The EU’s senior diplomat, Josep Borrell, acknowledged Chinese officials had objected to the report, but said such objections are “are the daily bread of diplomacy.” He said the revisions had been part of the normal editing process. “There was no watering down of our findings,” Borrell said. Lawmakers appeared skeptical.


New York Times

Britain celebrates WWII veteran’s 100th birthday

LONDON — A British army veteran shuffled the length of his garden 100 times — and walked away with the hearts of a nation.

Captain Tom Moore celebrated his 100th birthday on Thursday, having raised some 30 million pounds ($37 million) for the National Health Service after completing a challenge to mark the milestone, one garden lap at a time. His sunny attitude in a dark moment brought smiles to a country locked down amid the COVID-19 pandemic.

“My legs may be tired, but my mind is racing and I’m hoping to be back very soon with other ways in which I can help people, help others,’’ he said. “Please always remember, ‘Tomorrow Will Be A Good Day.’”

Moore’s family used social media to seek donations to support health care workers as a way to thank the doctors and nurses who took care of him when he broke his hip. But as he walked, the public watched and just kept donating.

As his birthday arrived, Moore celebrated his appointment as the first Honorary Colonel of the Army Foundation College, Harrogate, Queen Elizabeth II sent a card, among about 150,000 he has received.

And in the sky, the Royal Air Force organized World War II-inspired flypasts featuring a Spitfire and a Hurricane — which he observed from his garden. He waved as they thundered past.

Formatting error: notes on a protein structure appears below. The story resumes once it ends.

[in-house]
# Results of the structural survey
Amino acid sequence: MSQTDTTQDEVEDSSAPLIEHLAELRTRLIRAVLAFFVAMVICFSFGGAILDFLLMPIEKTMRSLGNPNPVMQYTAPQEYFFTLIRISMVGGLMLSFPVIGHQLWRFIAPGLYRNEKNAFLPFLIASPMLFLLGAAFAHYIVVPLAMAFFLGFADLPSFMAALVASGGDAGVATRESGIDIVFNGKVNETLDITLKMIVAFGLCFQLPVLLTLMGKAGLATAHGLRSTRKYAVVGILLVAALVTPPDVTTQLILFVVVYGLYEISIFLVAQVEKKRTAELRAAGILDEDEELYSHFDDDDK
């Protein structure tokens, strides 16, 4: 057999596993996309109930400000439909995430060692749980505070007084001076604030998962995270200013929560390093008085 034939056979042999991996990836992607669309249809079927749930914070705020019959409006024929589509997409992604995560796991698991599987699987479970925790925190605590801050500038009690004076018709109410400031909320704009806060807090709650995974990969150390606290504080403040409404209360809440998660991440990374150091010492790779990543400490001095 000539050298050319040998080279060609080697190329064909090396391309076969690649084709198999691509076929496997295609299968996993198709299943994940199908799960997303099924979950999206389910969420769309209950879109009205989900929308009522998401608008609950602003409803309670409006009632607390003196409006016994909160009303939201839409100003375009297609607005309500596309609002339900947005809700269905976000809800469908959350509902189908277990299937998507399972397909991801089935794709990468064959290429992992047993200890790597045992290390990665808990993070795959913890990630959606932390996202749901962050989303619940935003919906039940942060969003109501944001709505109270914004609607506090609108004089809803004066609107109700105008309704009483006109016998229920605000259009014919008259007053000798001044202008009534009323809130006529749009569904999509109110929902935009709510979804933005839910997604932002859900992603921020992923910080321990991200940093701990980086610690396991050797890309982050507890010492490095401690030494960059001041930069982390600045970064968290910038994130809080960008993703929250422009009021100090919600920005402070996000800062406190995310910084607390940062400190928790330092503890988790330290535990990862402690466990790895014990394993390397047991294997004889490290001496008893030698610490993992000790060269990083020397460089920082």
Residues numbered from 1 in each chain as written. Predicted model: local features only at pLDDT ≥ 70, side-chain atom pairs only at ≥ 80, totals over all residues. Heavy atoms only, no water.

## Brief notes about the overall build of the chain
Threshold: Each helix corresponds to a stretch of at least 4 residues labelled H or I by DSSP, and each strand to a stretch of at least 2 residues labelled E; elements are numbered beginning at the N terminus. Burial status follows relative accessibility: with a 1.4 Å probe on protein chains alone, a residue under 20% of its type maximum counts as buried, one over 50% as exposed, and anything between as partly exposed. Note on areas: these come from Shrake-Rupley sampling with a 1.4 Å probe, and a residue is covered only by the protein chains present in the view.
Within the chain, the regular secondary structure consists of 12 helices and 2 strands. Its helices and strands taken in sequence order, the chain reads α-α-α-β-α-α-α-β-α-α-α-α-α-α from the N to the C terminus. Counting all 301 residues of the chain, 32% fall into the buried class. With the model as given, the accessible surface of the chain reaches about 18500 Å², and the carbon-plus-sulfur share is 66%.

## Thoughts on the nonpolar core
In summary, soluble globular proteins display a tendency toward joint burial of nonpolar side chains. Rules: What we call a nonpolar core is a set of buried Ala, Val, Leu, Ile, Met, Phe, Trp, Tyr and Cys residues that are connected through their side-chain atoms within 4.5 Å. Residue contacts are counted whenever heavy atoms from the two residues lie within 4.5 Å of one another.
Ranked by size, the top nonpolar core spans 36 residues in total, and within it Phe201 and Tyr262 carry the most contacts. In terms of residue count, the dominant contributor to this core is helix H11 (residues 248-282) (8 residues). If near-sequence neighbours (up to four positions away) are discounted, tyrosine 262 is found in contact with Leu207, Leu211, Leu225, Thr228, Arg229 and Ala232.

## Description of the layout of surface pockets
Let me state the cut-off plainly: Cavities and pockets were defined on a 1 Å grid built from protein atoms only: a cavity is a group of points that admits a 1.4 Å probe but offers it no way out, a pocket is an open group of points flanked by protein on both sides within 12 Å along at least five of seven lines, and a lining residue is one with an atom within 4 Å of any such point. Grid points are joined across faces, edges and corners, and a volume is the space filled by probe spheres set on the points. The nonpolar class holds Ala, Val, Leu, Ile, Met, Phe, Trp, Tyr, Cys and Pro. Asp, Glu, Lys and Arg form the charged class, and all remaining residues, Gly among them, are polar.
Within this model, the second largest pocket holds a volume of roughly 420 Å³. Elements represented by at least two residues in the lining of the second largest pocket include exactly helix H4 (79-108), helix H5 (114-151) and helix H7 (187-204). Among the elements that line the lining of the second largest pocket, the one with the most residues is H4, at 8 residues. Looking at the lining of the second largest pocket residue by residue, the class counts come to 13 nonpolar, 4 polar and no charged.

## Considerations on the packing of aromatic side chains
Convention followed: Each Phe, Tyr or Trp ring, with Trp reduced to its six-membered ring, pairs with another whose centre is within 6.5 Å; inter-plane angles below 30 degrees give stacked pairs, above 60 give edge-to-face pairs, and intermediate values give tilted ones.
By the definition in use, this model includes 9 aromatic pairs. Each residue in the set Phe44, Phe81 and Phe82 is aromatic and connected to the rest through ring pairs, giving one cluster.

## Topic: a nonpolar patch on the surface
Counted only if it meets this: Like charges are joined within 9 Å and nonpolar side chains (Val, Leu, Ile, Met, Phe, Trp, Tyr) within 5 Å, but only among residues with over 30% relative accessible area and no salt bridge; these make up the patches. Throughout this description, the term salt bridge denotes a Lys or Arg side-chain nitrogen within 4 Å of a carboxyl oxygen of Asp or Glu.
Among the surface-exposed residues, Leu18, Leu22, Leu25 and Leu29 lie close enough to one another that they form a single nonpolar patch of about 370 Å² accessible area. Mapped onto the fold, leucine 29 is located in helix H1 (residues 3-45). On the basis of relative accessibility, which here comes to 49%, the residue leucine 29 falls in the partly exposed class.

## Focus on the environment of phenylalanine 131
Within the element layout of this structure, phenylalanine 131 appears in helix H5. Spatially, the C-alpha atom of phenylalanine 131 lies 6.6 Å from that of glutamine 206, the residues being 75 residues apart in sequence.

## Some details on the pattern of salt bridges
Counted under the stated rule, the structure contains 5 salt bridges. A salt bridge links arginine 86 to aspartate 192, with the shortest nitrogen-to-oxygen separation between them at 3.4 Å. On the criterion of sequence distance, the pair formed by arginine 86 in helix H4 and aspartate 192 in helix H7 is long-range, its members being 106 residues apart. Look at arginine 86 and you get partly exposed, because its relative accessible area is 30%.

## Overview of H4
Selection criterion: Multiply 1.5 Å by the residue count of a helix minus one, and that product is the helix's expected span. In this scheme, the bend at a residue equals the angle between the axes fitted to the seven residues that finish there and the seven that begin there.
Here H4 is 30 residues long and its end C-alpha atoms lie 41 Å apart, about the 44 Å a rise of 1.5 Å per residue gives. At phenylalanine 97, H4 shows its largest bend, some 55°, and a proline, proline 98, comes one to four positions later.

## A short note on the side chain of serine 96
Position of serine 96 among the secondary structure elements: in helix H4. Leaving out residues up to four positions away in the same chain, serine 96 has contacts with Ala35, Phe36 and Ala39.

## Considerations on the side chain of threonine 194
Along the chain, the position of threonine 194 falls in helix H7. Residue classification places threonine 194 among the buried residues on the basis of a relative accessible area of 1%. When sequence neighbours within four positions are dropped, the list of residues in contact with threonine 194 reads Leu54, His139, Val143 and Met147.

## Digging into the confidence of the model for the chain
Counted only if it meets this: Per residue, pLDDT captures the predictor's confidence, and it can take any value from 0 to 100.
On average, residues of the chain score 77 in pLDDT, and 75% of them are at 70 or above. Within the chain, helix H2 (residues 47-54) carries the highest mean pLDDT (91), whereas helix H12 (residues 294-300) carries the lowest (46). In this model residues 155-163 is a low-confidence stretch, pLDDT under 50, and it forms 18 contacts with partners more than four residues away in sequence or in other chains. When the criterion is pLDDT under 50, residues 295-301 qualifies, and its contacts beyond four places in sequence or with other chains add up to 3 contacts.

“I’m one of the few people here who’ve seen Hurricanes and Spitfires flying past in anger,’’ he told the BBC. “Fortunately today they’re all flying peacefully.”


Associated Press

Russian prime minister says he tested positive for virus

MOSCOW — Russian Prime Minister Mikhail Mishustin said Thursday that he has tested positive for the coronavirus, becoming the highest-ranking Russian official known to have gotten infected.

Mishustin told President Vladimir Putin during a video call that he would self-isolate but planned to stay in touch on key policy issues. It wasn’t immediately clear when the two men last met. Since early in the outbreak, the Russian president has minimized meetings and switched to holding daily video calls with officials.

First Deputy Prime Minister Andrei Belousov will temporarily perform Mishustin’s duties.

Mishustin, a 54-year old former tax chief, was named prime minister in January.

Associated Press

Grounded Thai airline staff, hit by pay cuts, work gigs

BANGKOK — Restrictions on air travel imposed on airlines in Thailand have brought a lot of turbulence into the lives of flight and cabin crews, but they’ve been trained to cope with emergencies. More than 200 furloughed staff, facing reduced incomes from big pay cuts, have formed a car and motorbike delivery service, earning vital money and winning fame on the doorstep.

Just a month ago, Kritee Youngfuengmont was flying commercial jets. No longer hauling passengers, he now jockeys a Honda scooter around town to deliver food, documents, and even hot cups of coffee.

It’s not glamorous, but for the 36-year-old pilot on half-pay who has debts, the work is a financial lifeline. The roughly 1,500 baht ($46) he earns per day should keep him going until the pandemic passes.


“Life is unpredictable. The unexpected can happen anytime. You could be enjoying good times and all of a sudden, you’re falling apart,” he said. “When that happens, you have to figure out if you are going to give up, or fight and find something to hold on to while you figure a way out.”

Associated Press